Warning: The following advice on watering orchids only applies if you’re using the same airy potting medium I have listed above. If you haven’t repotted your plant after you bought it, do not water this way! Dumping a bunch of water into a pot with tightly-packed sphagnum moss will surely cause anaerobic conditions and kill the roots.

How to Water Phalaenopsis

I water once or twice per week on Saturday and Wednesday. On Saturdays all plants get watered, on Wednesdays water the plants whose substrate has dried to the point that I don’t see any condensation in the pot. When watering, I follow my standard method of watering phals, which is a heavy drench with tap water. By heavy drench, I mean I run tap water (at a tepid temperature) through the medium for a couple minutes.

After the pot has had a quick rinse, I put the growing pot (which is clear and has holes in the bottom) inside it’s decorative pot (white and has no holes in the bottom) and fill it with water up to the bottom of the crown and leave it to sit for about 5 minutes. I should note: I also drench the whole plant liberally while filling the pot with water — I spray each leaf on the top and underside to get off any dust, and potential bugs (LIKE MITES). I then dump out the water, put it back inside the decorative pot, wait another 15 minutes for the remaining water to drain, and then finally I’ll dump any remaining water and put the plant back by the window. A great amount of water never sits in the bottom of the pot after this process is complete–sometimes a bit, but never enough that the bark is soaking in a pool of water.

If a plant is severely dehydrated, I have found the best way to rehydrate it, is to soak the pot and medium. You can leave an orchid to soak for many hours (despite what many online  resources say), from what I’ve read though after about 20 minutes your plant won’t take up much more water. I leave mine to soak for 30 minutes to an hour. In some cases a phal will have roots that reach up into the air above the leaves, in those cases, I’ll put paper towel over the root and wet the paper towel as well while the plant soaks in the bowl. The key is to get all of the roots very saturated with water during this watering process.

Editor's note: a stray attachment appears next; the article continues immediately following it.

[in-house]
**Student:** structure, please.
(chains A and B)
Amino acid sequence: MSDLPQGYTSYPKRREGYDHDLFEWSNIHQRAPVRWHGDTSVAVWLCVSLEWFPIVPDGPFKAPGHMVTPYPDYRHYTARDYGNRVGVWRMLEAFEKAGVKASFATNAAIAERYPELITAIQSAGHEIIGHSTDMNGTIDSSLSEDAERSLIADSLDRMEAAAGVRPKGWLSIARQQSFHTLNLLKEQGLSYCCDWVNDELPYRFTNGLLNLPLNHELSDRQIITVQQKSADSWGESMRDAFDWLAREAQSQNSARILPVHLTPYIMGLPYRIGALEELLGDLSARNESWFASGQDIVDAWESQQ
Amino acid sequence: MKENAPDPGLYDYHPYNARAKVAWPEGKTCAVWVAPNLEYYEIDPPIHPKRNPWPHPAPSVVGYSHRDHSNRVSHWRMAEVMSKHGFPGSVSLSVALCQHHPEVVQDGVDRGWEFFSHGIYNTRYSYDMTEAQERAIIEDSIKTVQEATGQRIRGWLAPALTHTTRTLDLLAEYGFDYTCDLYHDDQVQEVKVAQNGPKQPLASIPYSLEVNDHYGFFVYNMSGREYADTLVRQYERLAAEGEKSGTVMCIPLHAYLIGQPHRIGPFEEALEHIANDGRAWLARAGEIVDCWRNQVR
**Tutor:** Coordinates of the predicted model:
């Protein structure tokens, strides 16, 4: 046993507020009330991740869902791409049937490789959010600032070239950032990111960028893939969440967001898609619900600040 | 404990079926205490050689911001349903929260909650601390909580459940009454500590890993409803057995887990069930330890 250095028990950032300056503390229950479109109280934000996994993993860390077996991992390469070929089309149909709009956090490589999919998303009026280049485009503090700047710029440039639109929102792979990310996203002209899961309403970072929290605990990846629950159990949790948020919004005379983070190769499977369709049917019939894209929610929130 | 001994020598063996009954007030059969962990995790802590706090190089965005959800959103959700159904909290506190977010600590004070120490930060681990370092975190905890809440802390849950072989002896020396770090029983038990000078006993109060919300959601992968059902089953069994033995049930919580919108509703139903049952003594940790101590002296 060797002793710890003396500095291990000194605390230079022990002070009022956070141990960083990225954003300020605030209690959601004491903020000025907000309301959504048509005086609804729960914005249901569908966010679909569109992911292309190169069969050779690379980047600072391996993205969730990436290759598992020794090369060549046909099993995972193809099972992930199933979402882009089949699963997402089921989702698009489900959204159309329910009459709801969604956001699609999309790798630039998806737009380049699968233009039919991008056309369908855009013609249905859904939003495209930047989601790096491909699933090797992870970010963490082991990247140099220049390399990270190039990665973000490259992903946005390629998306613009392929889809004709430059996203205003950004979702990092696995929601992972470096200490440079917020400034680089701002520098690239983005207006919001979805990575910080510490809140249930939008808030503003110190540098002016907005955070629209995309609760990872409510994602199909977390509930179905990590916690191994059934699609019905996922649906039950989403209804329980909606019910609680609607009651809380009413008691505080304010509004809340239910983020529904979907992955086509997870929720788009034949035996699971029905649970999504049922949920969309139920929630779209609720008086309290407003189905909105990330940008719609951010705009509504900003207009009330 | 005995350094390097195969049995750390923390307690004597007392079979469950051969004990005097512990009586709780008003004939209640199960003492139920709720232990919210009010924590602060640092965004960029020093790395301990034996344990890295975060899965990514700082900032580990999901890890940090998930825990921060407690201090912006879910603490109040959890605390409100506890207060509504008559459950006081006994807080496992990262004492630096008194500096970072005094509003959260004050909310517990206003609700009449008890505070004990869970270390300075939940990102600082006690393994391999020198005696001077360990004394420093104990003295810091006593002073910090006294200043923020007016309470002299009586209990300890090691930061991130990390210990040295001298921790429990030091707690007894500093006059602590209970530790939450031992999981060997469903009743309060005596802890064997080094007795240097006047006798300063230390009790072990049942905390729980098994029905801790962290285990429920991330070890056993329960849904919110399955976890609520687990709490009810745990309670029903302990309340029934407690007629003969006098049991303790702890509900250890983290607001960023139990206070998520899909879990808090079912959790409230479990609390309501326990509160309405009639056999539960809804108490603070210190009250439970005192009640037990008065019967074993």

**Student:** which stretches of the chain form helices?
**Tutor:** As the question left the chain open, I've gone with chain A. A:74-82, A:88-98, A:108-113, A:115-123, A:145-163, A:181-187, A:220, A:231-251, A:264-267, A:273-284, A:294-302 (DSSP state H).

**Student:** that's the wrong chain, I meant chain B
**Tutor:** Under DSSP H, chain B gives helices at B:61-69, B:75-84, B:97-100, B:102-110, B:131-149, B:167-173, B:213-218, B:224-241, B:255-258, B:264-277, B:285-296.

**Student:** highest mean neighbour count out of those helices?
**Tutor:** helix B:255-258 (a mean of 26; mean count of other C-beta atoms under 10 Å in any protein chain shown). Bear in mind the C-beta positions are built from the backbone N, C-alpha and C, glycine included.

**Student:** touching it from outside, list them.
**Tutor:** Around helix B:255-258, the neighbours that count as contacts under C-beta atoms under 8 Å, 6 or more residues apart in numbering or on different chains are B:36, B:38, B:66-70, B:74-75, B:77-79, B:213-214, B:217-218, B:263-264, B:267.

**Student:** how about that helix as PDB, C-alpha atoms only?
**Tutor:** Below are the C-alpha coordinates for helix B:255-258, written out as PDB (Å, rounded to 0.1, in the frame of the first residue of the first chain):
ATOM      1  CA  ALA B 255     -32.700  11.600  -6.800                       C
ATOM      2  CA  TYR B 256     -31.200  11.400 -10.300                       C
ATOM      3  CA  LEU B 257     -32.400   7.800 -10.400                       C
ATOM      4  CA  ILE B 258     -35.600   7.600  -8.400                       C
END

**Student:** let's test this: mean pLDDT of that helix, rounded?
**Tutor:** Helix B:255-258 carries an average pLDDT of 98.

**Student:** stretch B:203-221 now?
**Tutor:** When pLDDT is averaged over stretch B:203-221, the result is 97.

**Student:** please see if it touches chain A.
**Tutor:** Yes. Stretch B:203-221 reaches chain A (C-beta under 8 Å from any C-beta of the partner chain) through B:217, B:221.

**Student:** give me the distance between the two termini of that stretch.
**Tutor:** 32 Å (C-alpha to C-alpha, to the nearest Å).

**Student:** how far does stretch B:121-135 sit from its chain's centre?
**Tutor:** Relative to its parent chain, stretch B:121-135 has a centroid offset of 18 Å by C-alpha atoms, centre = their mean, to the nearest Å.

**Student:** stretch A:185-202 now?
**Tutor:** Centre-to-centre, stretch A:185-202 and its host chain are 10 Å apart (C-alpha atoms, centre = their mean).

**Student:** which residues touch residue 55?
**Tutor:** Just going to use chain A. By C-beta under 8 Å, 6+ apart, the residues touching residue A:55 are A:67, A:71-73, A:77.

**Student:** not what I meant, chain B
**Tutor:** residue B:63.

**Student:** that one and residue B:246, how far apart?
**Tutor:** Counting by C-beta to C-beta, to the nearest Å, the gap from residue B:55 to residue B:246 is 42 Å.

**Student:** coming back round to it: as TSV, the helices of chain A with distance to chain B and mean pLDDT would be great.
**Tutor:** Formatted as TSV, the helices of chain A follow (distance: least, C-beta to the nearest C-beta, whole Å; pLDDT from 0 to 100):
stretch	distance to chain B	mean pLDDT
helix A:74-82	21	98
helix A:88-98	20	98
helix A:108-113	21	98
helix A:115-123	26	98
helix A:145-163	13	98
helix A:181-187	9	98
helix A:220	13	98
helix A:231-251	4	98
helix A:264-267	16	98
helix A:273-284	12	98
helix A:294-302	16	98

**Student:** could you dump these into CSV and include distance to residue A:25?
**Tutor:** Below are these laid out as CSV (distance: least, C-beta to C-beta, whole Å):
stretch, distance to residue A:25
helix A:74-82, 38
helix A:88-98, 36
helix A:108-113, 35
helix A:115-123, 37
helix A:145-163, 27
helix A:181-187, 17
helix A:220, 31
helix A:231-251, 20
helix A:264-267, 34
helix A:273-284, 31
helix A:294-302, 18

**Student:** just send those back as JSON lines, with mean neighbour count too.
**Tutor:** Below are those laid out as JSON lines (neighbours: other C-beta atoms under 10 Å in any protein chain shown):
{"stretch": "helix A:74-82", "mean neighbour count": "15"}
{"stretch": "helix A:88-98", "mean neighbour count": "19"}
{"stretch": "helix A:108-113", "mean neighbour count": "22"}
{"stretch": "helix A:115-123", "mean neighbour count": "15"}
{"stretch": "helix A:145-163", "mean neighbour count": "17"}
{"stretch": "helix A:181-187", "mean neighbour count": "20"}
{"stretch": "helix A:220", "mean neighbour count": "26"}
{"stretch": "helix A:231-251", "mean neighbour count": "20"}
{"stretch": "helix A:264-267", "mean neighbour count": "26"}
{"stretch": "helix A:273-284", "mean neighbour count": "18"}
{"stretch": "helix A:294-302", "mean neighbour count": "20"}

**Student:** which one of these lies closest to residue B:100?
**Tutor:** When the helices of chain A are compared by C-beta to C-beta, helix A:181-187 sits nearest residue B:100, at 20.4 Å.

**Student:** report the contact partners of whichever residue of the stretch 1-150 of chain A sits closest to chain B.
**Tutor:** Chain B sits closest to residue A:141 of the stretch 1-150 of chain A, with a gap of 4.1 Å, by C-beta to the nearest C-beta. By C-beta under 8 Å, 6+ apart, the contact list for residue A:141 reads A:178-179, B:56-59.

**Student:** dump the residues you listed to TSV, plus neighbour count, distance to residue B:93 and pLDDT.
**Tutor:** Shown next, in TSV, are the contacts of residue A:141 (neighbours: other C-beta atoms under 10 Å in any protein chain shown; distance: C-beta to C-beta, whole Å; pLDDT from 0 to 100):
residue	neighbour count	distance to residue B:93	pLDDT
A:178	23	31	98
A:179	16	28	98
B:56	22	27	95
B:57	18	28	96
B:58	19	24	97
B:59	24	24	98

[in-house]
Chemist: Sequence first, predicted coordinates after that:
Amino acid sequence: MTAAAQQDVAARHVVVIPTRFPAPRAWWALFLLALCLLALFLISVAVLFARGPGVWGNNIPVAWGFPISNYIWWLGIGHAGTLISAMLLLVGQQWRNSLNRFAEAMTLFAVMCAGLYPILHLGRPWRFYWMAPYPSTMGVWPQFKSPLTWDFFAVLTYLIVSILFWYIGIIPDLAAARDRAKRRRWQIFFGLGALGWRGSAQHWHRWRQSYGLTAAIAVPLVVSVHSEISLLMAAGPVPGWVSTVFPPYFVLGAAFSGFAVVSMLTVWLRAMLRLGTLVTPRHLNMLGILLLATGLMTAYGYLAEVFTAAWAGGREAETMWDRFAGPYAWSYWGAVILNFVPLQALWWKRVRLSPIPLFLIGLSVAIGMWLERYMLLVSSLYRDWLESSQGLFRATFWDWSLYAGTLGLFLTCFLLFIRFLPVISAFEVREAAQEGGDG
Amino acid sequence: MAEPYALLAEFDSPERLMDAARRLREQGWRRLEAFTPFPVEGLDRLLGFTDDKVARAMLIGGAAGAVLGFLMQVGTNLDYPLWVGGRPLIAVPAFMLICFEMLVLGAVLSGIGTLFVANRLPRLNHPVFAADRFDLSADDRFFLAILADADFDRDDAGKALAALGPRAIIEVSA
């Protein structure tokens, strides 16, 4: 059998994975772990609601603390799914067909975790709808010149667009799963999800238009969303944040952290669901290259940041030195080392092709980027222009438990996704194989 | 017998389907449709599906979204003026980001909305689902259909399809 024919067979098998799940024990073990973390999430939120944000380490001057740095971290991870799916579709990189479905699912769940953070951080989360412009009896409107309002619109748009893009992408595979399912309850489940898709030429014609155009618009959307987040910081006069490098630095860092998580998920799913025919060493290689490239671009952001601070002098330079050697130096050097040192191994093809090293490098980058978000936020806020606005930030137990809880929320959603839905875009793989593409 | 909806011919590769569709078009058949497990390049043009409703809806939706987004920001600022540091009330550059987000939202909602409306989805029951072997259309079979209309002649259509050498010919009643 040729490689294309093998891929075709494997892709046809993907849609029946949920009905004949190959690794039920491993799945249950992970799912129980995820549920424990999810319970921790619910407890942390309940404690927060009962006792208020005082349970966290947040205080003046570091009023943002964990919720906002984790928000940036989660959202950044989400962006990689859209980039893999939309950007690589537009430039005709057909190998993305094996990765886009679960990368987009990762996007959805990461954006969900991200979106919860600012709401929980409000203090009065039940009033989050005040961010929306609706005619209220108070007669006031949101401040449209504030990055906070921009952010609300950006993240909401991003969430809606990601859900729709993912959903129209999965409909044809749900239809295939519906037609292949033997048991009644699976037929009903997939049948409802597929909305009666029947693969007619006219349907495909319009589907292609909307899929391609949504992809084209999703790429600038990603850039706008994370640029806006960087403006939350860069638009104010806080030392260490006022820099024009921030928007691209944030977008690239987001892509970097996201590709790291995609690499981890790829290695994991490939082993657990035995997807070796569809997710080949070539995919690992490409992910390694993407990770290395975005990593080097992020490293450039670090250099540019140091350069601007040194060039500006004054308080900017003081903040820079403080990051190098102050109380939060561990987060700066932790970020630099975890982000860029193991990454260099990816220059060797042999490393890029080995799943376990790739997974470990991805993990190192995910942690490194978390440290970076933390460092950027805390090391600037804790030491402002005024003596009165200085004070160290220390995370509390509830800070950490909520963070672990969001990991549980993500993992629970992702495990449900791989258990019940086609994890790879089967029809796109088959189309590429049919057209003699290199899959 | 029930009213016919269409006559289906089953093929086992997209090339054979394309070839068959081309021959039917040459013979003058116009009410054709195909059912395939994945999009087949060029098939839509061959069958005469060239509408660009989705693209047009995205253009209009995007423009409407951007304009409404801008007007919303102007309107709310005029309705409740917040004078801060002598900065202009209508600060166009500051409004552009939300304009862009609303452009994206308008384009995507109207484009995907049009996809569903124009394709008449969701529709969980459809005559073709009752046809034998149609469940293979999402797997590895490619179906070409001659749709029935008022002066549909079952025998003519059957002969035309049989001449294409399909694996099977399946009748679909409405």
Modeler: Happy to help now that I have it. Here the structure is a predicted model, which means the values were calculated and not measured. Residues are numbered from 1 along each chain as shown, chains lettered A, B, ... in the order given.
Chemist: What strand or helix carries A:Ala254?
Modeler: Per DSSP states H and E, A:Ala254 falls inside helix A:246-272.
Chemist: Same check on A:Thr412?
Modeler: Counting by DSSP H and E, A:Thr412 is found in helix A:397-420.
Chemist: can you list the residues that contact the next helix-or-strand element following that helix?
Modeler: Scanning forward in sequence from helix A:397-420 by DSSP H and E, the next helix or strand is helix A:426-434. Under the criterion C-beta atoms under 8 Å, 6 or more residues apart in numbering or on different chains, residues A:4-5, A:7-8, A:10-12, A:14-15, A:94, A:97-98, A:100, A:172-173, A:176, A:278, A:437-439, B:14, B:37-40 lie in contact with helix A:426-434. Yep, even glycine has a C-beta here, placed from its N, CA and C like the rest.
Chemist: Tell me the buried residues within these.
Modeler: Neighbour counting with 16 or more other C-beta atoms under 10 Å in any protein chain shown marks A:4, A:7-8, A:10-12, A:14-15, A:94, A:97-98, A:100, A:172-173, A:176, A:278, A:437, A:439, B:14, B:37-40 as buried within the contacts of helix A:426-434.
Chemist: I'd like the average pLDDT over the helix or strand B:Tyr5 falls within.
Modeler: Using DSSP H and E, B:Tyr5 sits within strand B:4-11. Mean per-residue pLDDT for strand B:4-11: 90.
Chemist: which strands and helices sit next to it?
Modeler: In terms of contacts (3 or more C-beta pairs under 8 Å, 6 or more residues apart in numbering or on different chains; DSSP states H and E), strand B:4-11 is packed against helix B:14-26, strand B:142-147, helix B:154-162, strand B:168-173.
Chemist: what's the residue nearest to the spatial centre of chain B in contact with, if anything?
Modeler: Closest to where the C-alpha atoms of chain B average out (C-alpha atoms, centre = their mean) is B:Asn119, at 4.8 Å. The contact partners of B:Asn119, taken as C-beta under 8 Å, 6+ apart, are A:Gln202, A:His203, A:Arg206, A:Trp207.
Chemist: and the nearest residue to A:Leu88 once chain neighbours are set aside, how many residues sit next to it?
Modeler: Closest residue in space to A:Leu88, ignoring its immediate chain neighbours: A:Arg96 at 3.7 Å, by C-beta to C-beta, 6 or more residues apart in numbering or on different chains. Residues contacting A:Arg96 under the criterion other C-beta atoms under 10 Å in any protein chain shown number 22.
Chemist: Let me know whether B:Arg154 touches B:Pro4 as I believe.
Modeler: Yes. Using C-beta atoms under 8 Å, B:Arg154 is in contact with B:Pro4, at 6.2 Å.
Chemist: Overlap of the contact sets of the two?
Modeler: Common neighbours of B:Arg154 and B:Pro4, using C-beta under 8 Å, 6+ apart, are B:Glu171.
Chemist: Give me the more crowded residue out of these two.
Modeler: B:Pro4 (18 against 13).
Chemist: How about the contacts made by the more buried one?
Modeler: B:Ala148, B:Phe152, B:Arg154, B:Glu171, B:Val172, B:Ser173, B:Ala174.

By the way, I do this long-soak about once ever 2-3 months for most of my phals, or if I find that the’re drying out very quickly (generally in July and August when the humidity in Calgary can go as low as 20%) I’ll do it as needed (based on how the roots look).


A Grow Pot INSIDE a Decorative Pot

In the photo above, the grow pot has holes in the bottom and it’s transparent. This allows for some photosynthesis to happen via the roots and it lets you to see how the roots are doing. The decorative pot is wide enough that it allows for air flow right to the bottom of the pot (make sure this is the case, you don’t want it fitted because that will prevent airflow to the bottom of the pot); the decorative pot doesn’t have any holes in the bottom, so it’s kind of like a nicer-looking water tray; one that you can fill up with water to soak the roots and bark, giving your plant a few minutes to drink before you drain it.

Tap Water == HARD Water (No big deal)

My tap water is basic and high in mineral content (about 7.5-8pH and has a hardness ranging from 200-250 mg/L CaCO 3) — people routinely say that hard water is bad for orchids…it’s bullshit. Hard water may not be ideal…but if you meet the above requirements, hard water will not be a barrier for you. Having the perfect pH is like the last 10%–but for the bulk of us who just want to keep our plants alive and blooming (the first 90%), hard water is fine–my plants are living proof.

To avoid mineral buildup, I have found that running the water through the pot every week prevents that buildup of calcium and minerals. As a testament, my plants do much better now than when I was using distilled water with special fertilizers (likely because I water freely now compared to before where I was scared to really get my plants wet).

That pretty much covers my foundational and VERY DETAILED (sorry) understanding of Phalaenopsis care for windowsill growers. I follow these same rules for pretty much ALL of my orchids. If you have questions, criticism, suggestions, or other feedback, feel free to hit me up on social media.